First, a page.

Matthew 21:26. From men. This they evidently believed.
We fear the multitude. Demagogues who lead ‘the multitude’ astray ‘fear the multitude.’
Matthew 21:27. We know not. A falsehood; as Matthew 21:25-26, show.
Neither tell I you, etc. Christ answers their thought: we will not tell. This refusal is similar to that made when a sign from heaven was demanded (chap. Matthew 12:38 ff.). The answer assumes their proven and confessed incompetency to decide on the authority of a prophet, and consequently His superiority to their questioning. Such a defeat increased their opposition.
Matthew 21:28. But what think ye. Peculiar to Matthew. This parable assumes the concealment and falsity of their real opinion. Spoken in love, as an invitation and warning, it led to greater enmity.
Two sons. The two classes represented are mentioned in Matthew 21:3.
Child. Affectionate address.
Go work today in the vineyard. God asks His people to labor every day in the work He appoints to them, but a special work is here meant, namely, ‘belief;’ see Matthew 21:32; comp. John 6:29: ‘This is the work of God, that ye believe on Him, whom He -hath sent.’
Matthew 21:29. Repented, ‘changed his mind; ‘the application refers to genuine repentance.
Matthew 21:30. I will go, sir. I, in contrast with this one who refuses; an expression of pride. The answer was hypocritical, since it is not added that he changed his mind, but simply went not.
Matthew 21:31. The publicans were already entering, having listened to John’s preaching of repentance, and being disposed to follow Christ.
Go before you. This does not imply that the rulers would follow; though it invites them to do so.
Matthew 21:32. In the way of righteousness. In the way of repentance, turning to that righteousness of life (which the Pharisees professed to esteem); perhaps with an allusion to Christ Himself as the Way (John 14:6).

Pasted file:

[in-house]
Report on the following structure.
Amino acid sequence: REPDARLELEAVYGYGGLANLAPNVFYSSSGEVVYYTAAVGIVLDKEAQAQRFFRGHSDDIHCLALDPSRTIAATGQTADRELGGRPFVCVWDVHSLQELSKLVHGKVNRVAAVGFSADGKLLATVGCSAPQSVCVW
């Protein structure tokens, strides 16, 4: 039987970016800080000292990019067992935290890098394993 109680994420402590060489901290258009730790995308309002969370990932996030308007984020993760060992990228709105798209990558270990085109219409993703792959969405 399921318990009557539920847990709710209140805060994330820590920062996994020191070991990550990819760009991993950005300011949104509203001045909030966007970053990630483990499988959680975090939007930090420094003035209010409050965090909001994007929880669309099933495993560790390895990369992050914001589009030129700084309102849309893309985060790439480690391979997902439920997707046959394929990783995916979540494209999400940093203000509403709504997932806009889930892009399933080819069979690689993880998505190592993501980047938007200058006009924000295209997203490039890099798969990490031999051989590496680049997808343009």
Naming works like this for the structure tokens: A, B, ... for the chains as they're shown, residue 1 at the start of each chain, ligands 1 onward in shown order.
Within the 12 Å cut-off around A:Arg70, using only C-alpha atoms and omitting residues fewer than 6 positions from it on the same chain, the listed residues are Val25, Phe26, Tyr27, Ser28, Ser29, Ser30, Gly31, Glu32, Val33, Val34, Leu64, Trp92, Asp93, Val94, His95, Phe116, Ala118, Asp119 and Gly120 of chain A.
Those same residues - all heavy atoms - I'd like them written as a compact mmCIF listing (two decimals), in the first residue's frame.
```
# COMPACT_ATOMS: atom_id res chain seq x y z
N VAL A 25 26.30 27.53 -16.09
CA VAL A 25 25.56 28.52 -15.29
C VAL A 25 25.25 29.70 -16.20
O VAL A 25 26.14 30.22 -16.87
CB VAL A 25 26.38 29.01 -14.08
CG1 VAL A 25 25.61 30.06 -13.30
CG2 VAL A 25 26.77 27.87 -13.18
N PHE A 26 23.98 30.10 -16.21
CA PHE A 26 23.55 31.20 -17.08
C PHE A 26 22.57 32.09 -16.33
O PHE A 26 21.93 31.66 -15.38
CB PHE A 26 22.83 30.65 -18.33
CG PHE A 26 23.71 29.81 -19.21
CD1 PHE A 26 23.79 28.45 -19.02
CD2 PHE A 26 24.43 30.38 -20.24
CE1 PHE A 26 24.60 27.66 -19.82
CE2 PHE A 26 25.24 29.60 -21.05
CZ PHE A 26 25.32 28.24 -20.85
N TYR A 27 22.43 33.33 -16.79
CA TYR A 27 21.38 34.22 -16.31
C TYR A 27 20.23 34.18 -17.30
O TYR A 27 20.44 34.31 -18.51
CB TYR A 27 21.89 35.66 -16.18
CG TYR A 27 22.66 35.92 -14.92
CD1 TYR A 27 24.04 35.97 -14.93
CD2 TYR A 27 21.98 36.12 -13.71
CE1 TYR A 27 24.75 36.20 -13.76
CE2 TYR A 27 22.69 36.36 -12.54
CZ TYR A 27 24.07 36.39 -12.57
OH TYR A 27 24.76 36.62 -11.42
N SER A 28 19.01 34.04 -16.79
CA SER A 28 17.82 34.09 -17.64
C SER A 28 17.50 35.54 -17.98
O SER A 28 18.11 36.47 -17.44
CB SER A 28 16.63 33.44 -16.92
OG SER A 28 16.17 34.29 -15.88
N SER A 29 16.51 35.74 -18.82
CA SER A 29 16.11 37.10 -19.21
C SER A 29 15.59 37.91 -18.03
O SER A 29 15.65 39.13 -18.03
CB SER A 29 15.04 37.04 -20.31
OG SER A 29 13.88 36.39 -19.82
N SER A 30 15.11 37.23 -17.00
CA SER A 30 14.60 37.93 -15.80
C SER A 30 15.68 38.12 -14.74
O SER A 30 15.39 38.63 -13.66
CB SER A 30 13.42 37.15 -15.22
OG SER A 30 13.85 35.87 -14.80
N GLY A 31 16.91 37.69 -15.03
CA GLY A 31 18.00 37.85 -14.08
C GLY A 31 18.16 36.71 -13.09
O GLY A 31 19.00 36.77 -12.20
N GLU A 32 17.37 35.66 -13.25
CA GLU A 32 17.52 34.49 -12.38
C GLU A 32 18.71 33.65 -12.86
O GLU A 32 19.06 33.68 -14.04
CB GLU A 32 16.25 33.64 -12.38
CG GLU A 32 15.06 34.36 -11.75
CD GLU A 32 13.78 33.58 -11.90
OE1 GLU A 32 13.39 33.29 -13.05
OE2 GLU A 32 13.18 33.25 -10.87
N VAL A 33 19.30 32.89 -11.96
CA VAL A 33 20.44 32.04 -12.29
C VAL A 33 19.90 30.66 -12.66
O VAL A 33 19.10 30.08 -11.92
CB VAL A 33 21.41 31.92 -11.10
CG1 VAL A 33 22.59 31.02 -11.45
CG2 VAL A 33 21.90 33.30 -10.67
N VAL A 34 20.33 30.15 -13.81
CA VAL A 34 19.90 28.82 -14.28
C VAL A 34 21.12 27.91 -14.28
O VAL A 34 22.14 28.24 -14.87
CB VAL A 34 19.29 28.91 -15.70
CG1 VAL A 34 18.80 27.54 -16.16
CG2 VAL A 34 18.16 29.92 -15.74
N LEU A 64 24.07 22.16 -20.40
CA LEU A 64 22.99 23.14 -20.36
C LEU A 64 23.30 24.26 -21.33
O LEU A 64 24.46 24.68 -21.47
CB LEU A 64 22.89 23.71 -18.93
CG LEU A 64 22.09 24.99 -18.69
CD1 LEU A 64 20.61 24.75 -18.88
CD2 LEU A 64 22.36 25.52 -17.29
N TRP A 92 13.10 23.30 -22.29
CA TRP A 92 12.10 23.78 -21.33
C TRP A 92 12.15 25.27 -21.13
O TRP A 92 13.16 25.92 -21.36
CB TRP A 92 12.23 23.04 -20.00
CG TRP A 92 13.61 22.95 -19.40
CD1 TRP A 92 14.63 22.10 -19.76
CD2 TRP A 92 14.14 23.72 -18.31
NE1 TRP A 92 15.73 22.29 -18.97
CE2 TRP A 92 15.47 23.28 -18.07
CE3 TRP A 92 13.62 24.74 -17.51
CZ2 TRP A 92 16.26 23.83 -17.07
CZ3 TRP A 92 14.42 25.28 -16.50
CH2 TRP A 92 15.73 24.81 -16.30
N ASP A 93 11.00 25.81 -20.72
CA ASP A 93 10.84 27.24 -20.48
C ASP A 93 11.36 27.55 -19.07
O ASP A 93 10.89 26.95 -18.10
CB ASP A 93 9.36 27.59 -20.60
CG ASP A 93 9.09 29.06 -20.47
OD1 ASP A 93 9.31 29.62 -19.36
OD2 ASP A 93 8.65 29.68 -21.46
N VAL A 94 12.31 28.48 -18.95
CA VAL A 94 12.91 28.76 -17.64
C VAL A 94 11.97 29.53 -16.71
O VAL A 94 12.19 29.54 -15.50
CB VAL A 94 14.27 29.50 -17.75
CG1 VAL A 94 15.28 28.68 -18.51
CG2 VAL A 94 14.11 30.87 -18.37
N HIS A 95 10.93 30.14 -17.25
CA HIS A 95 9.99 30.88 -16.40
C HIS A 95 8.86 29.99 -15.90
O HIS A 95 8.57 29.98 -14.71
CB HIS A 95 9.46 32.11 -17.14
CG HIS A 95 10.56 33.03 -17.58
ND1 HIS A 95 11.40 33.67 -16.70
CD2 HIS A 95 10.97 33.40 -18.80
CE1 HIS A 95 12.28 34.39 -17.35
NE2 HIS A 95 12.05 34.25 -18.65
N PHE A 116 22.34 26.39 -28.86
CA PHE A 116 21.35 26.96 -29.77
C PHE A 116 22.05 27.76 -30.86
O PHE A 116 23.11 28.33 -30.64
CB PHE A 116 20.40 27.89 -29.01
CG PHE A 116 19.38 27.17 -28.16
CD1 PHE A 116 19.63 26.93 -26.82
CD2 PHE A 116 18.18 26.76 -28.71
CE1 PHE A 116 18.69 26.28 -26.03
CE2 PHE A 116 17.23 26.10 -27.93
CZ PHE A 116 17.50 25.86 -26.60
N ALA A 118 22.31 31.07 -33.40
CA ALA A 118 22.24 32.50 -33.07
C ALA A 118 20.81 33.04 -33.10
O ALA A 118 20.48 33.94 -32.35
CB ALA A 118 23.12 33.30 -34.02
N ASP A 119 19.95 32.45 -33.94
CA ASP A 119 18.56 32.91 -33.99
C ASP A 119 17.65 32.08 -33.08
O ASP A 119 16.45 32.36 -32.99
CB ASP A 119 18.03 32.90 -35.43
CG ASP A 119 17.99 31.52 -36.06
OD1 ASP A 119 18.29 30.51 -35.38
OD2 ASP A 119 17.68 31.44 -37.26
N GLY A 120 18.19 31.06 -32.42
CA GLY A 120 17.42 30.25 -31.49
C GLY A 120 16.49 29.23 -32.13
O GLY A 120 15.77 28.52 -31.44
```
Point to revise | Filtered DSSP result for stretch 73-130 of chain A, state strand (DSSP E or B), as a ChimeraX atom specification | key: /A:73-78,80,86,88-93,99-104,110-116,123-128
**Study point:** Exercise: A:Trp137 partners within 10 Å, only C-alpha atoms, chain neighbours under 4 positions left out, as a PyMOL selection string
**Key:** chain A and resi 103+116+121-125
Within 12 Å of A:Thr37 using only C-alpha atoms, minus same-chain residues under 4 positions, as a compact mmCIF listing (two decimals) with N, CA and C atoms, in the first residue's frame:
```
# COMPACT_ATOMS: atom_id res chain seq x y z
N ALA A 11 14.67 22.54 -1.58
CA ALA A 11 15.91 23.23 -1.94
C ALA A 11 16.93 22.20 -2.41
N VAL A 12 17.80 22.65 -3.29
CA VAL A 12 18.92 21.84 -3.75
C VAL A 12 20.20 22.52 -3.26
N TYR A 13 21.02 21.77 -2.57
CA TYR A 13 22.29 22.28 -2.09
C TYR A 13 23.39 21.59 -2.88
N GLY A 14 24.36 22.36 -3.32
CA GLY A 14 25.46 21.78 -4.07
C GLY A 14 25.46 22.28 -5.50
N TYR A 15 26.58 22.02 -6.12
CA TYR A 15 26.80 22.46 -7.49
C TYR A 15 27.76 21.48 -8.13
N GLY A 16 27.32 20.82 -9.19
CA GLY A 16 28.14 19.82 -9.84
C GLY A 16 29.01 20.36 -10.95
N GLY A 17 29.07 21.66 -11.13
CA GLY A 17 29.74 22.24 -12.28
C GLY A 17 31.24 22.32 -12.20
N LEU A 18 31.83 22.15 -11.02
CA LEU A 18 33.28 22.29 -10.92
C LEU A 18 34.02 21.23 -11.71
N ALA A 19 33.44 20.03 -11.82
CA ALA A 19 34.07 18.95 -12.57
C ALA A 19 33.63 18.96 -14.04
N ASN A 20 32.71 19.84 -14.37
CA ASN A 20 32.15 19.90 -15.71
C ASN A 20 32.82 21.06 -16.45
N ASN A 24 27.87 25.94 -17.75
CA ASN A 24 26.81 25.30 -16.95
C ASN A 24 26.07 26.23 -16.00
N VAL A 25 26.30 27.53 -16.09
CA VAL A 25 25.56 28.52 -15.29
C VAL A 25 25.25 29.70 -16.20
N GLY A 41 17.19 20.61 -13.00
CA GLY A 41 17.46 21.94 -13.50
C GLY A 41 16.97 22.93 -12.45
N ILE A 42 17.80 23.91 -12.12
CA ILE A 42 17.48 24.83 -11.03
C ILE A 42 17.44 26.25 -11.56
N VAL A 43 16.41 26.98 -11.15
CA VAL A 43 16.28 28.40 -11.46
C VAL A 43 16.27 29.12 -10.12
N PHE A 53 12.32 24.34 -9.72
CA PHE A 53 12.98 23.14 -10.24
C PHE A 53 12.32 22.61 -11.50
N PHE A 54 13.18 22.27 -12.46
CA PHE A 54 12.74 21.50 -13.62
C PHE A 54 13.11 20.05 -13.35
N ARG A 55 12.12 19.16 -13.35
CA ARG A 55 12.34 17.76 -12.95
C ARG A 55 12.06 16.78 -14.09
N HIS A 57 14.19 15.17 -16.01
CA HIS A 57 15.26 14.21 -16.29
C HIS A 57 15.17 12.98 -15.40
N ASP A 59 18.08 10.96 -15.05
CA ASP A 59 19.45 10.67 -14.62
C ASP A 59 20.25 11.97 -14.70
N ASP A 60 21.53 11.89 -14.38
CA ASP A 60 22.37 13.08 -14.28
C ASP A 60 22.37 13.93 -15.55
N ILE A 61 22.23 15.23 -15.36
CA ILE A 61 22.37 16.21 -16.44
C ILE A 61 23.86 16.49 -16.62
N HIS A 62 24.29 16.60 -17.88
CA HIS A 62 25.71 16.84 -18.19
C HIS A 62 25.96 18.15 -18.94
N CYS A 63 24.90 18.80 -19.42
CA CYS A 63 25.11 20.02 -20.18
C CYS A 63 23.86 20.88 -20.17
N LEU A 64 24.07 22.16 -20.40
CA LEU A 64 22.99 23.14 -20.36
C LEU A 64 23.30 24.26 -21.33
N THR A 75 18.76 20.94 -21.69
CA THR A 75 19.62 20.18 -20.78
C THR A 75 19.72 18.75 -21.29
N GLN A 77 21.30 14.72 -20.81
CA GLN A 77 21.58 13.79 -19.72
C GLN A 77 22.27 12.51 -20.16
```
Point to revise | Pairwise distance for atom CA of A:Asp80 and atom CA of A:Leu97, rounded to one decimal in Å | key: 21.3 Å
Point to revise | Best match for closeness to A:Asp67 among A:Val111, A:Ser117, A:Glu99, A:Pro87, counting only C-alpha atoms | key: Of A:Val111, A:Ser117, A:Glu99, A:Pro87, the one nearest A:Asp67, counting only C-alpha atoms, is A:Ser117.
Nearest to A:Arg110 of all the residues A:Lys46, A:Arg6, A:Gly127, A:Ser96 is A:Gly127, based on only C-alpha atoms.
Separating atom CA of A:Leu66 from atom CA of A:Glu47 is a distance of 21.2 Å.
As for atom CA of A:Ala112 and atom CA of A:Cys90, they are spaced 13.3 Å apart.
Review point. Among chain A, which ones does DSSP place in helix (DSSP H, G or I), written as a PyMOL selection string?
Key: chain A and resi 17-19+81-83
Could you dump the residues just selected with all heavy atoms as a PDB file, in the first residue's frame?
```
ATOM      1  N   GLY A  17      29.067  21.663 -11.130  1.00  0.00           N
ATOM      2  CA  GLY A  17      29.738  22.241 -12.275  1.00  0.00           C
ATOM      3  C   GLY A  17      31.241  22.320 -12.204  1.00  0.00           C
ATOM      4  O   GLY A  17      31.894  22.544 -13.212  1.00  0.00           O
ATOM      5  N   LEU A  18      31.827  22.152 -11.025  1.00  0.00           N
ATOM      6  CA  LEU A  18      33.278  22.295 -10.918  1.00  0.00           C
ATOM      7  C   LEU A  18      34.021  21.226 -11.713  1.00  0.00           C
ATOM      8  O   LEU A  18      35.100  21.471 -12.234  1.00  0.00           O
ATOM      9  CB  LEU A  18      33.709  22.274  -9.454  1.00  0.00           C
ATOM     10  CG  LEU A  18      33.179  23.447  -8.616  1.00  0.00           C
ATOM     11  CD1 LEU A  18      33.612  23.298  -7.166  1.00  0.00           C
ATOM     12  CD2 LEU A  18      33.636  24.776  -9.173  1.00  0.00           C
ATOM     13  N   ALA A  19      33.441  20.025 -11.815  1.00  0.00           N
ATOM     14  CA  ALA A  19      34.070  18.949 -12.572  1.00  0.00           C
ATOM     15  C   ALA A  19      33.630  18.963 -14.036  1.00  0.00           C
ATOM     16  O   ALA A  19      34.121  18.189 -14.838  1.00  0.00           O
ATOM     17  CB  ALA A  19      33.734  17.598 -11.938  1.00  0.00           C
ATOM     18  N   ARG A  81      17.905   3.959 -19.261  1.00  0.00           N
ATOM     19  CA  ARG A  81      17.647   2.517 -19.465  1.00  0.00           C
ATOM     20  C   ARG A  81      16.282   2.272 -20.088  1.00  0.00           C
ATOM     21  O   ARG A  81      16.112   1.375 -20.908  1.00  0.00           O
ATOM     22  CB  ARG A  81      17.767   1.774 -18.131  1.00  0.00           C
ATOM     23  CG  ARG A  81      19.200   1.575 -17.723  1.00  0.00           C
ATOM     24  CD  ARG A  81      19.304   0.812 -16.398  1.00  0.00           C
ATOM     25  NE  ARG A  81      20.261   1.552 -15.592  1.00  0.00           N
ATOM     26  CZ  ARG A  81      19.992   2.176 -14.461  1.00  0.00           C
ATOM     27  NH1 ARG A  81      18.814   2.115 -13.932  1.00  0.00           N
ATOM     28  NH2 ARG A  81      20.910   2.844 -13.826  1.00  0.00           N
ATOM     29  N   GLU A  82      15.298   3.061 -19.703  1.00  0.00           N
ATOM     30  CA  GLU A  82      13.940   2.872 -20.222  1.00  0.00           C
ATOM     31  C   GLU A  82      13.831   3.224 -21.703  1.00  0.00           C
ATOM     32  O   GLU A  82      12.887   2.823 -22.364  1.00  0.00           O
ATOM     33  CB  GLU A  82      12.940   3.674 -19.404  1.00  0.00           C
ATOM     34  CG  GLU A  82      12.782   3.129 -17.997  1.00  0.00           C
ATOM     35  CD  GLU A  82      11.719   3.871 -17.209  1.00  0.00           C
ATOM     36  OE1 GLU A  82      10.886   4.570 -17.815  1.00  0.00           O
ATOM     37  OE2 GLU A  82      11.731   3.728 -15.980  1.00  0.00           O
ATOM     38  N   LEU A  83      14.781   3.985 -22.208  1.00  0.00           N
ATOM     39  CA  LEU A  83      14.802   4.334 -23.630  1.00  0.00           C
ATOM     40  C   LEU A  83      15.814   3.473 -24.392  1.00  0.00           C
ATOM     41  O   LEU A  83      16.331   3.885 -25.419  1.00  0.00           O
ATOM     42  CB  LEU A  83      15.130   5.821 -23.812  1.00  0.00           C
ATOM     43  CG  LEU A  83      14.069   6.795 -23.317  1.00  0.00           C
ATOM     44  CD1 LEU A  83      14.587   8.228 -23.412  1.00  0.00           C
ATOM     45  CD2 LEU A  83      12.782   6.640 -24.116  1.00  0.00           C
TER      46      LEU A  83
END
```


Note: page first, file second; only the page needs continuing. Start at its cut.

Did not even repent afterward. Even after seeing the repentance of these classes, you did not profit by it. Remarkable cases of conversion are designed to be means of influencing others. In the parable the refusing yet repenting son is put first because it suited the application to the publicans who ‘went before.’ In the more general application there is no such priority. The proud and hypocritical are always harder to influence than open sinners.
Matthew 21:33. Hear another parable. Spoken to the chief priests and elders, so embittered by the result of their attack. This parable points out the crime to which their enmity was leading them, though still spoken in love. ‘I have not done with you yet; I have still another word of warning and rebuke’ (Trench).
There was a man that was a householder, or as in chap. Matthew 20:1: a human householder.
Planted a vineyard; the most valuable plantation but requiring the most constant labor and care; an apt figure of the theocracy (Isaiah 5:1-7; Isaiah 3:14; Song of Solomon 2:15,) here representing the Jewish people, as the Old Testament kingdom of God. A secondary application to the external Church in later times is required by Matthew 21:43, where the vineyard (‘the kingdom of God’) is represented as passing over to others.
Set a hedge about it. Probably a hedge of thorns, possibly a wall. God had separated His people from other nations, and guarded them from heathen influences, by the law (comp. Ephesians 2:14) and by external marks of distinction. God’s special proprietorship and care are plainly emphasized.
Digged a wine-press. Mark: ‘digged a pit for the wine-press.’ The former was a receptacle into which the juice flowed, and where it was kept cool; the latter, the place where the grapes were trodden out. This seems to be added to complete the description. Some suppose it represents the altar of the Old Testament economy, others the prophetic institution.
Built a tower. For the watchman who guarded the vineyard against depredations. In the time of the vintage, used for recreation, no doubt, as in European countries. Such towers are still common in the East, and are of considerable height. A shed or scaffold sometimes served the same purpose. This represents the provision made by Goa for the protection and prosperity of His people, especially the Old Testament Church.